Few economies are more vulnerable to Trump's onslaught than Canada's. Two-thirds of its trade is with its southern neighbor. The steel and aluminum tariffs affect industries that employ 30,000 Canadians. The C.D. Howe Institute, a think tank, predicts that the barriers will cost 6,000 jobs and reduce Canada's GDP by 0.11 percent. If Trump carries out his threat to impose a 25 percent tariff on cars the damage will be far greater. Canada's vehicle industry employs about 130,000 people and ships 85 percent of its wares to the U.S.

'We absolutely need them'

In the face of such threats the value of Canada's dollar has fallen from 80 cents in mid-April to 77 cents. Economists had expected business investment to take over as the main source of growth from spending by consumers, who have record levels of debt. But investors, unsure they will be able to continue exporting freely to the United States, are holding back. The central bank cited this as one reason it did not raise interest rates on May 30.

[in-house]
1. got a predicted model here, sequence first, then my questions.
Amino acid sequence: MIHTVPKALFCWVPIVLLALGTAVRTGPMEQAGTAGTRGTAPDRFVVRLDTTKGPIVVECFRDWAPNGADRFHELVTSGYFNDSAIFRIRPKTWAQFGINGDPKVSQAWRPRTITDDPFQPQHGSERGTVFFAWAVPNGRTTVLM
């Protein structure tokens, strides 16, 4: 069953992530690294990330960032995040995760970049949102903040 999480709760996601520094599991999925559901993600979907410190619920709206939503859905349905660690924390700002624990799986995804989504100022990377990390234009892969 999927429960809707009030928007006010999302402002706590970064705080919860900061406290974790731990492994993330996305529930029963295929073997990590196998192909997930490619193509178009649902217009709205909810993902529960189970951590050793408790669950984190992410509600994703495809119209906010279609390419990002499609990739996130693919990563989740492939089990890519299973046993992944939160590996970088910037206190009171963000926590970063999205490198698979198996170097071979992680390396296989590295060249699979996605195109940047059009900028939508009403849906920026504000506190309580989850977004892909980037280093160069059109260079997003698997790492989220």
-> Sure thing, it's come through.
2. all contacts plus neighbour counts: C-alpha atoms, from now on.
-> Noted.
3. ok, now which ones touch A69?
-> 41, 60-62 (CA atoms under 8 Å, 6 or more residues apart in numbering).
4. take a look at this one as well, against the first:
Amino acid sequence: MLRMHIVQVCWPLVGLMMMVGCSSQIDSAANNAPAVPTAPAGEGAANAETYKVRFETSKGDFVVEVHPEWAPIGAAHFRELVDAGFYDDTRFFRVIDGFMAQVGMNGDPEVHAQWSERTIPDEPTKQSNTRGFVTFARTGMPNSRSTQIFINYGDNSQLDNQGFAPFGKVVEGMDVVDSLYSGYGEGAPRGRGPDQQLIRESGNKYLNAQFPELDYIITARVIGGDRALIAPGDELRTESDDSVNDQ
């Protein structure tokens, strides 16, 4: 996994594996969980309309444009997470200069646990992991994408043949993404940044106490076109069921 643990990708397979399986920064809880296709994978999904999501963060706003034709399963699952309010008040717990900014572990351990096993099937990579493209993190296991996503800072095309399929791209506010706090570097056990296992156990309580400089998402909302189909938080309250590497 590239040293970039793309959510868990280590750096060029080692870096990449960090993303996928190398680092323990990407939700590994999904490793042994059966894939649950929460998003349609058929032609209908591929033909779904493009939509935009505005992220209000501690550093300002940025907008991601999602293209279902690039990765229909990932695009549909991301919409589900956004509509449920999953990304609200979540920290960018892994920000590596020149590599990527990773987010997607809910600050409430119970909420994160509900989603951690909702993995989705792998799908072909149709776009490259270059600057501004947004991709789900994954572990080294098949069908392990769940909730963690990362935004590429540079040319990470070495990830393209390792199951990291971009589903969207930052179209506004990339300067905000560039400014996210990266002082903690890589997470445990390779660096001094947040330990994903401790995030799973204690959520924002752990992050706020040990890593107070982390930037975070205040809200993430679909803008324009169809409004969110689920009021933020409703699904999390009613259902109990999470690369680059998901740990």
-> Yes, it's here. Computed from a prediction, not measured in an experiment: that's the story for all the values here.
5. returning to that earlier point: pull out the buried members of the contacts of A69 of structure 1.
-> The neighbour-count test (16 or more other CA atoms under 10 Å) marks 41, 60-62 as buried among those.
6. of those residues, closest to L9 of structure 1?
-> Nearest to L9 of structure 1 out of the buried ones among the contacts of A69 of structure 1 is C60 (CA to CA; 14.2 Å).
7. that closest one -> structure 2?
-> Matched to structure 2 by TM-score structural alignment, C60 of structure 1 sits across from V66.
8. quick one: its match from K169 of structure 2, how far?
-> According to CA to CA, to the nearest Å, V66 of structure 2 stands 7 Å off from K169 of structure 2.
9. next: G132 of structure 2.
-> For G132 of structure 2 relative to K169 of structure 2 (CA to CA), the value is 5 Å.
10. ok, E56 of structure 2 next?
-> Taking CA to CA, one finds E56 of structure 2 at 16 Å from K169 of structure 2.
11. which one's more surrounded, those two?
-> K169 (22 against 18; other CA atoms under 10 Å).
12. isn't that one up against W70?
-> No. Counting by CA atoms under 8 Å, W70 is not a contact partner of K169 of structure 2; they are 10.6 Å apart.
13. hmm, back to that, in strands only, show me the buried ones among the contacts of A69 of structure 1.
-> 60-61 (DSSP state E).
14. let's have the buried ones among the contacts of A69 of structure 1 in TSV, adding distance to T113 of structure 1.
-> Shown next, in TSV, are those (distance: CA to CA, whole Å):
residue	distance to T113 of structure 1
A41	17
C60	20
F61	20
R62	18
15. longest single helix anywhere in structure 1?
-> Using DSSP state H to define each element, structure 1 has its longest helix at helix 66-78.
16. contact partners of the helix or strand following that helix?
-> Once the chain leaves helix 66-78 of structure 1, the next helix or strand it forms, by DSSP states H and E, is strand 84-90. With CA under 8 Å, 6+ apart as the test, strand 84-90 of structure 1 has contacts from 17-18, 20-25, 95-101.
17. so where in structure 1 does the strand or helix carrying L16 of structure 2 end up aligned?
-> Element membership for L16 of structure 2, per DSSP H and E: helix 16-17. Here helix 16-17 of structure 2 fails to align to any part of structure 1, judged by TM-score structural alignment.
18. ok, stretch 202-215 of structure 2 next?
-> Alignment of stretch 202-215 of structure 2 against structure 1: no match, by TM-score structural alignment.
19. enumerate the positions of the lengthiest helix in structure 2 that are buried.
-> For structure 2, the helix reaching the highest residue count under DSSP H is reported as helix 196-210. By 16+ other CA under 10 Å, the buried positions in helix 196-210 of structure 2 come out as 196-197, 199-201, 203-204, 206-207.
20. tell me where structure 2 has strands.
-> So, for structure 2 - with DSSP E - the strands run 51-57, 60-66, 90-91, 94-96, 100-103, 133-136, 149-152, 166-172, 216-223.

At first, Canada's Prime Minister Justin Trudeau had hoped to win leniency by charming the volatile U.S. president. That tactic failed in spectacular fashion after the G-7 summit in early June hosted by Trudeau in La Malbaie, Quebec. When Trudeau defended Canada's riposte to the steel and aluminum tariffs in a news conference at the end of the summit, Trump tweeted that he was "very dishonest & weak" and accused him of making "false statements."